In light of this Memorandum by the lower court, I am unable to agree with the majority's statement that "[w]e are presented with a case that has been submitted to the Superior Court for decision without the benefit of . . . an opinion from the court below that addresses the merits of appellant's claim." Although perhaps a fuller discussion of the merits of Clegg's private complaints would have been desirable, I do not agree that such discussion is necessary for this court to resolve the instant appeal. Appellant has made his argument in his briefs. The argument is frivolous on its face, as the district attorney and the court below no doubt concluded. I would find that, in such a clear case, a
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statement by the lower court that it has reviewed the complainant's arguments and found no abuse of discretion by the district attorney is an adequate resolution of the merits.*fn2
I also disagree with the majority's conclusion that the lower court resolved the case on a finding that appellant lacked standing. The majority focuses on the fact that the lower court stated that the Commonwealth is the party plaintiff in a criminal prosecution and the victim acts only as a prosecuting witness. The majority implies that the lower court must have concluded that Clegg lacked standing since his case arose prior to this court's decision in Commonwealth v. Muroski, 352 Pa. Super. 15, 506 A.2d 1312 (1986) (en banc), which "repronounced" the rule that a private person who filed a private criminal complaint has a right of appeal from a court order disapproving the complaint. Id., 352 Pa. Superior Ct. at 19, 506 A.2d at 1314. I find this conclusion puzzling. First, the lower court made its statement (regarding a victim's nonparty status) in the context of discussing the prosecutor's discretion to disapprove the complaint. Second, the trial court did not cite Muroski. Third, it is of no moment that Clegg's case arose before the Muroski decision since, as the majority itself points out, Muroski only repronounced a rule that was already in effect, having been established in In re Wood, 333 Pa. Super. 597, 482 A.2d 1033 (1984), well before Clegg's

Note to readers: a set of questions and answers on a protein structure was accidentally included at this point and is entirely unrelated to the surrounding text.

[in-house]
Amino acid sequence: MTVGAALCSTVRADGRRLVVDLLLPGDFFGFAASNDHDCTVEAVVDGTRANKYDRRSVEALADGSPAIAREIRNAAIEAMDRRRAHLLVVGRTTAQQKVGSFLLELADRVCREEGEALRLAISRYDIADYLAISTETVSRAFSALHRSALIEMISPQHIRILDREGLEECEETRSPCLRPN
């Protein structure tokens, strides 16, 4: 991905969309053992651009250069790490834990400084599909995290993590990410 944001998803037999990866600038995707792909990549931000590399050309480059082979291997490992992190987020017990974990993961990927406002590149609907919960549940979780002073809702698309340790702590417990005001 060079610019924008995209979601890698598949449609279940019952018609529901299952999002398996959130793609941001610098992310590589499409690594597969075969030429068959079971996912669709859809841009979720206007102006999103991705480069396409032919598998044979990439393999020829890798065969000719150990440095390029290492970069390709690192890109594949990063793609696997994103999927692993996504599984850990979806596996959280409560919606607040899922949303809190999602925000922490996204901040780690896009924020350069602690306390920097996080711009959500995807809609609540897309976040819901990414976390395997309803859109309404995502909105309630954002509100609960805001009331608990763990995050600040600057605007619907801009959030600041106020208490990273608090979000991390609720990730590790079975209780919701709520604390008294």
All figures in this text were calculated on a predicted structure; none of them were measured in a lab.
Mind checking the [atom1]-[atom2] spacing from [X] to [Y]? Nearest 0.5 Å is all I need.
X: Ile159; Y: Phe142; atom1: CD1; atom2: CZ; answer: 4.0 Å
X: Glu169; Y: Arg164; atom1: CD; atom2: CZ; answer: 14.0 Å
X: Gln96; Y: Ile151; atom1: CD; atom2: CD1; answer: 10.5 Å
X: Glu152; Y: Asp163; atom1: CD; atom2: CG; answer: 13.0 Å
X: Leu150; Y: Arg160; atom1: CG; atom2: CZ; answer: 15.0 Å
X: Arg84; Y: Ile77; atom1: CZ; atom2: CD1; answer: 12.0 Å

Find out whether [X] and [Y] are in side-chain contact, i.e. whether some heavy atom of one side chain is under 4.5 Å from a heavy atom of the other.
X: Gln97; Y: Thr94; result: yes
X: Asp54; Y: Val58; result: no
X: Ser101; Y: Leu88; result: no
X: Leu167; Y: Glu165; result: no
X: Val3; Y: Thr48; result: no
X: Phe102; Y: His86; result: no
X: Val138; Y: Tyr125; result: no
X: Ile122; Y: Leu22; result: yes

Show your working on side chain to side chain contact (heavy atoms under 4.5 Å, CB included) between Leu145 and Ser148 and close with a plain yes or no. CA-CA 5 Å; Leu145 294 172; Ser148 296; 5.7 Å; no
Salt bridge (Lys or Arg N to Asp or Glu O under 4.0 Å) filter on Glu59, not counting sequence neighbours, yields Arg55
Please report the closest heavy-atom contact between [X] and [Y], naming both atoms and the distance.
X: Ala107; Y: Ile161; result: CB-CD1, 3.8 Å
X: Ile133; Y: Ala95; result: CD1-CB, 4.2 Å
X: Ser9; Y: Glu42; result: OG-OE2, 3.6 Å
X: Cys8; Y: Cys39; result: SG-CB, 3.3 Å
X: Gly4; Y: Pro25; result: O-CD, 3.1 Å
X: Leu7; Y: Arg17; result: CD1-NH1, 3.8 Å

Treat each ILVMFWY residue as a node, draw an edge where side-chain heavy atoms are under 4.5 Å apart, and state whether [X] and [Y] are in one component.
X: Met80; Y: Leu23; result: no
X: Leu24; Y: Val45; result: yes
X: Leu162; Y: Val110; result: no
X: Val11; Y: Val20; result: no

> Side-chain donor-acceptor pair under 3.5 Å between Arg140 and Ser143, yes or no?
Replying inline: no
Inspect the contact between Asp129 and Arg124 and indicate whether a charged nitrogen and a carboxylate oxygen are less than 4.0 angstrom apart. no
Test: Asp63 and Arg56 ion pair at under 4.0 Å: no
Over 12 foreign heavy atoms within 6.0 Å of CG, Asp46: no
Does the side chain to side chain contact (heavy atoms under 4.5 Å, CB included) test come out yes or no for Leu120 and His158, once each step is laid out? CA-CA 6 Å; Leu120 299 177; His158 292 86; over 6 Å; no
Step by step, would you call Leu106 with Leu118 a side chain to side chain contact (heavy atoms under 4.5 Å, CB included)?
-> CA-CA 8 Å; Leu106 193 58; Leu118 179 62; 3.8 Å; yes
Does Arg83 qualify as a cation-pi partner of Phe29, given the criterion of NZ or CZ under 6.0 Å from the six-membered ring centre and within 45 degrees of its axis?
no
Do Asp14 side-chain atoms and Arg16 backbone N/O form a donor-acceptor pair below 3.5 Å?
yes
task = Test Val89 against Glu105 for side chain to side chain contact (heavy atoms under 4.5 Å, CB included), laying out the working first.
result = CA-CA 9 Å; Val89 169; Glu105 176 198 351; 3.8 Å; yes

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case arose. Fourth, the lower court made no reference to standing at all.*fn3
I would conclude that the lower court decided the case on its merits and that its opinion adequately addresses those merits and properly finds no abuse of discretion by the district attorney in disapproving appellant's private criminal complaint. Accordingly, I would affirm.